The journey to the rulings in Miller and Montgomery was marked by several pivotal Supreme Court decisions. In 2002, the Supreme Court held in Atkins v. Virginia that it was unconstitutional for people with mental disabilities to be sentenced to death. The Court then completely abolished the death penalty for juvenile defendants in 2005 in the landmark decision, Roper v. Simmons. The American Psychological Association filed an amicus brief in support of 17-year-old Christopher Simmons, arguing that adolescent brains continue to develop into adulthood and that 16 and 17 year-olds should be excluded from the death penalty. The Court agreed. Jump five years to 2010 and the Court again considered the constitutionality of juvenile sentences in Graham v. Florida. The Court decided that it is a violation of the Eighth Amendment to sentence juveniles convicted of non-homicide crimes to life in prison without parole. Finally in 2012 as noted above, the Supreme Court ruled in Miller that life sentence without parole for juveniles is unconstitutional. Period.
From Atkins to Roper, and Graham to Montgomery – Is Bostic’s 241 term of years sentence really so different from a life sentence without parole? Judge Baker did not hide the reasons behind her decision when she gave Bostic a consecutive sentence based on his conviction: “Bobby Bostic,” she said. “[Y]ou will die in the Department of Corrections…Nobody in this room is going to be alive in the year 2201.” 2201 is when Bostic’s parole hearing would occur. What makes Bostic’s case particularly remarkable is that he lived in prison through a landmark series of Supreme Court decisions all relating to the sentencing of juveniles and the type of crime that Bostic committed. The Court’s design was to ensure fair sentencing and avoid cruel and unusual punishment of juveniles, yet the rulings offer no clear constitutional defense in support of Bostic’s case.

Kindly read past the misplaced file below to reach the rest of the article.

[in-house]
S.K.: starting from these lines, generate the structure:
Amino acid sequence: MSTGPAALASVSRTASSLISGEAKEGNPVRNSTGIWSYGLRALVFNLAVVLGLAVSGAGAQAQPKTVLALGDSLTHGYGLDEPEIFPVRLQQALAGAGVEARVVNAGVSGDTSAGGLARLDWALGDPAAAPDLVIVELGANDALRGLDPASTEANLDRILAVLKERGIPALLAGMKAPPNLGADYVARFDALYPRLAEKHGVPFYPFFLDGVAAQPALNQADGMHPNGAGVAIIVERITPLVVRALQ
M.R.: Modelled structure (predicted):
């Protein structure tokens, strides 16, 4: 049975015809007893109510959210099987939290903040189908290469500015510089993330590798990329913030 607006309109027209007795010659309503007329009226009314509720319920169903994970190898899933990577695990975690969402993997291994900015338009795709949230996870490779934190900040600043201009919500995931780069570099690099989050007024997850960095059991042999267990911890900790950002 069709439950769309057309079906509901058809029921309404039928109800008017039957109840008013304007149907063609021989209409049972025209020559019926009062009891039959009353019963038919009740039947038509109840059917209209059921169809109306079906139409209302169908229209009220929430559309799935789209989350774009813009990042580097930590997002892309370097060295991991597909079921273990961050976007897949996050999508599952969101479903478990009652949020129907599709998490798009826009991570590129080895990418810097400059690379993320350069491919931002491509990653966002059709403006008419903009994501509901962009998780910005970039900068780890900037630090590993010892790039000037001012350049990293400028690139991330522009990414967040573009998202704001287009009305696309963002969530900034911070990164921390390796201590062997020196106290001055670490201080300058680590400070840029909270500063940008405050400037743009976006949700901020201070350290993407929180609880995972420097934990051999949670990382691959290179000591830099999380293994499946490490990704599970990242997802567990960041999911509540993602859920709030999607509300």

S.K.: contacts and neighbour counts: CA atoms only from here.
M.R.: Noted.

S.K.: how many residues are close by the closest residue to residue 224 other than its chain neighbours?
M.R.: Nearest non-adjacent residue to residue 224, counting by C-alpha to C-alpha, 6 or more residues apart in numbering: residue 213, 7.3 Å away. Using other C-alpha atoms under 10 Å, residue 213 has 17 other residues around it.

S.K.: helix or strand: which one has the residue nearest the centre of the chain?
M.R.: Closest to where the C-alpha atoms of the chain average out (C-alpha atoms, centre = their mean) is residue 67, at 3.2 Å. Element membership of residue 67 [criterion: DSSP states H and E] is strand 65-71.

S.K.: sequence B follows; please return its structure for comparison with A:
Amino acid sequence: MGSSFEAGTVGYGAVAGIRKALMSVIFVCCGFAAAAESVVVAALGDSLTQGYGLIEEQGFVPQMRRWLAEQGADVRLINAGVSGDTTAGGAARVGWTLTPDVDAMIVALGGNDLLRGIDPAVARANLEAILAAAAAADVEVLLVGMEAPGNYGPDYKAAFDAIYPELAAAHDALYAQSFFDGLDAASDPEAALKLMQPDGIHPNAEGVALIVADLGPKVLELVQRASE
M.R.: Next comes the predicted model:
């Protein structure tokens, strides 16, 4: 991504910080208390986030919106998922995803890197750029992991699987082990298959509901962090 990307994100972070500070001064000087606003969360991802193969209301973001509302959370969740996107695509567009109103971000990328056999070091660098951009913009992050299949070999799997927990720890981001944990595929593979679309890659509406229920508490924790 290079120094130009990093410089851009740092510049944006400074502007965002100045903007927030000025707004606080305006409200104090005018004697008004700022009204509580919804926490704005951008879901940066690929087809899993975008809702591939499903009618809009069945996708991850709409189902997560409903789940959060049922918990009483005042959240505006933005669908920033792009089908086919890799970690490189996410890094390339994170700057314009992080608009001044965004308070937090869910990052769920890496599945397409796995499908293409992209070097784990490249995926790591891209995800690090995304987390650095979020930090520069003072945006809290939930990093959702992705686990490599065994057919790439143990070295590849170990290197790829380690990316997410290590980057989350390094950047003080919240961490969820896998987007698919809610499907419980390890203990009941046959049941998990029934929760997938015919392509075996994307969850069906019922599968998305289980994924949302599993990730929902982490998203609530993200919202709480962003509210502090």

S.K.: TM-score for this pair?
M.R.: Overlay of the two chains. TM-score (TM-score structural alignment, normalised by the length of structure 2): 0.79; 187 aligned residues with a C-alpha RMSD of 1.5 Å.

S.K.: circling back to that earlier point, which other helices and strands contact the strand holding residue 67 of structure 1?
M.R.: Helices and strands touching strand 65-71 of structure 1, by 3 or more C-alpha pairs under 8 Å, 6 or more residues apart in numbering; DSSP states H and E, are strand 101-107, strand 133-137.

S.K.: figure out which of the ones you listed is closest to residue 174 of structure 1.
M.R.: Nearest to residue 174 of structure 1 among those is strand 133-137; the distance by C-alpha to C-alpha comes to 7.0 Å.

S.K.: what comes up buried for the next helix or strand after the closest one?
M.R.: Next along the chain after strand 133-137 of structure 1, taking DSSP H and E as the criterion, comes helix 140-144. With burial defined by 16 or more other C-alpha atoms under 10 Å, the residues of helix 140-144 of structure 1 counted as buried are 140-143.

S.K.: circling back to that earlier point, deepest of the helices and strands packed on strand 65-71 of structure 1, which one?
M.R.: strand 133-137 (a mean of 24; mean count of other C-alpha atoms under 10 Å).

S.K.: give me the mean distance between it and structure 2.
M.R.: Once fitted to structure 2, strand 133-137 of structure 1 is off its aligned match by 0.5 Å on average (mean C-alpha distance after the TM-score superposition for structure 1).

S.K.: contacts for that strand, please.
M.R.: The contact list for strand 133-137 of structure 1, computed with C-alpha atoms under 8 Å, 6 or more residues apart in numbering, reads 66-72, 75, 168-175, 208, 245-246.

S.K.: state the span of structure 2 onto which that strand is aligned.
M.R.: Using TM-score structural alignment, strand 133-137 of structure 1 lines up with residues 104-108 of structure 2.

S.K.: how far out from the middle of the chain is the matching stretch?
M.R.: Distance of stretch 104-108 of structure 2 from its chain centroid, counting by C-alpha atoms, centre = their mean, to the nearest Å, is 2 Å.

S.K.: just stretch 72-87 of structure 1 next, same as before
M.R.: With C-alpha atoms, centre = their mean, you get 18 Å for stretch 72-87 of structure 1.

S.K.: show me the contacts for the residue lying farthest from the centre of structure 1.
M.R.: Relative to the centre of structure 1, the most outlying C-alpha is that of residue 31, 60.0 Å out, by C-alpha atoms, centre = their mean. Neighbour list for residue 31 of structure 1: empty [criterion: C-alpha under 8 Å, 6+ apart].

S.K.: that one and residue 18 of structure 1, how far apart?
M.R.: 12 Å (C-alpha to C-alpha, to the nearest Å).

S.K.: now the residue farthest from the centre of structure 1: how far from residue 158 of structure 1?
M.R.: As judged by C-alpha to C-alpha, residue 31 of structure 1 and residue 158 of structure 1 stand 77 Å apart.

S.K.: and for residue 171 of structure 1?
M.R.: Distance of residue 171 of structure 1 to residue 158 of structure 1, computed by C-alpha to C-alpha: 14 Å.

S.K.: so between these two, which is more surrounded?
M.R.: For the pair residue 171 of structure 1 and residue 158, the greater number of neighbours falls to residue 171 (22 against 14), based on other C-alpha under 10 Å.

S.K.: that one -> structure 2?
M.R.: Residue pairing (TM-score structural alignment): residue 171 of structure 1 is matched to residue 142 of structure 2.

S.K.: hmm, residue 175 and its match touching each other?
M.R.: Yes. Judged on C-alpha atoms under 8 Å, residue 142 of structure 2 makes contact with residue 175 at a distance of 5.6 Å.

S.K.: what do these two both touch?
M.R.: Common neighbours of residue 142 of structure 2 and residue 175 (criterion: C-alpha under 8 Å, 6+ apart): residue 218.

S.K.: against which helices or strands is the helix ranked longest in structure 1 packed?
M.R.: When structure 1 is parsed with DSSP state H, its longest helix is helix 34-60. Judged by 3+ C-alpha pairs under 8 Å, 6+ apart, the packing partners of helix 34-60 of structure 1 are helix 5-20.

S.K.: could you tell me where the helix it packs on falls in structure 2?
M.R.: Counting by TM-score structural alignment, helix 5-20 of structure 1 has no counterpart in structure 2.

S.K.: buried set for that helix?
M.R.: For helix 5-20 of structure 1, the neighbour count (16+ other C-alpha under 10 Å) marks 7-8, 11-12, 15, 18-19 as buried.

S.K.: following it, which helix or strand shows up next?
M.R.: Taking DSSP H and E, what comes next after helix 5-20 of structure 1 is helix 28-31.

The American Civil Liberties Union (ACLU) filed a petition for writ of certiorari to the Supreme Court, requesting that the Court hear Bostic’s case and find his sentence unconstitutional in violation of the Eighth Amendment. 26 former judges and prosecutors also filed an amicus brief to support Bostic, and now Judge Evelyn Baker has added her name to the list of supporting judges. A response to the filing is required by March 15th, 2018.
The question remains – how is Bostic’s sentence any different from life without parole, when Bostic will not be eligible for parole until he is 112 years old? Can he miraculously reach that age in 2201? Or is the law the law – that a term of years, even if 241 years, is simply not a life sentence without parole…Is a 241 years term and a life sentence without parole a “distinction without a difference?”
A Supreme Court decision to hear Bostic’s case could mean that a wave of new defendants with a term of 80-100 years, for example, would now demand that their sentences be reheard and reconsidered. Is this the intention of the law? Would not hearing Bostic’s case mean that the essence of Graham v. Florida – no life without parole for juveniles convicted of non-homicide crimes – is lost?
No one was killed that night in 1995, and this alone will never remove the seriousness of Bostic’s crimes or the way that he carried them out with Hutson. Nevertheless, something is missing from Bostic’s case. He was convicted for a series of non-homicide crimes, and he has a term of years sentence that is effectively a life sentence in prison. We need an understanding of what happens when a term of years merges into a life sentence. What happens when the two are really not different penalties at all? The Supreme Court will decide whether to hear Bobby Bostic’s petition in the next few months. If the Court hears the petition and Bobby’s case, it will help to clarify the more than 10 years of legal history that rely on determining sentencing for juveniles in the United States.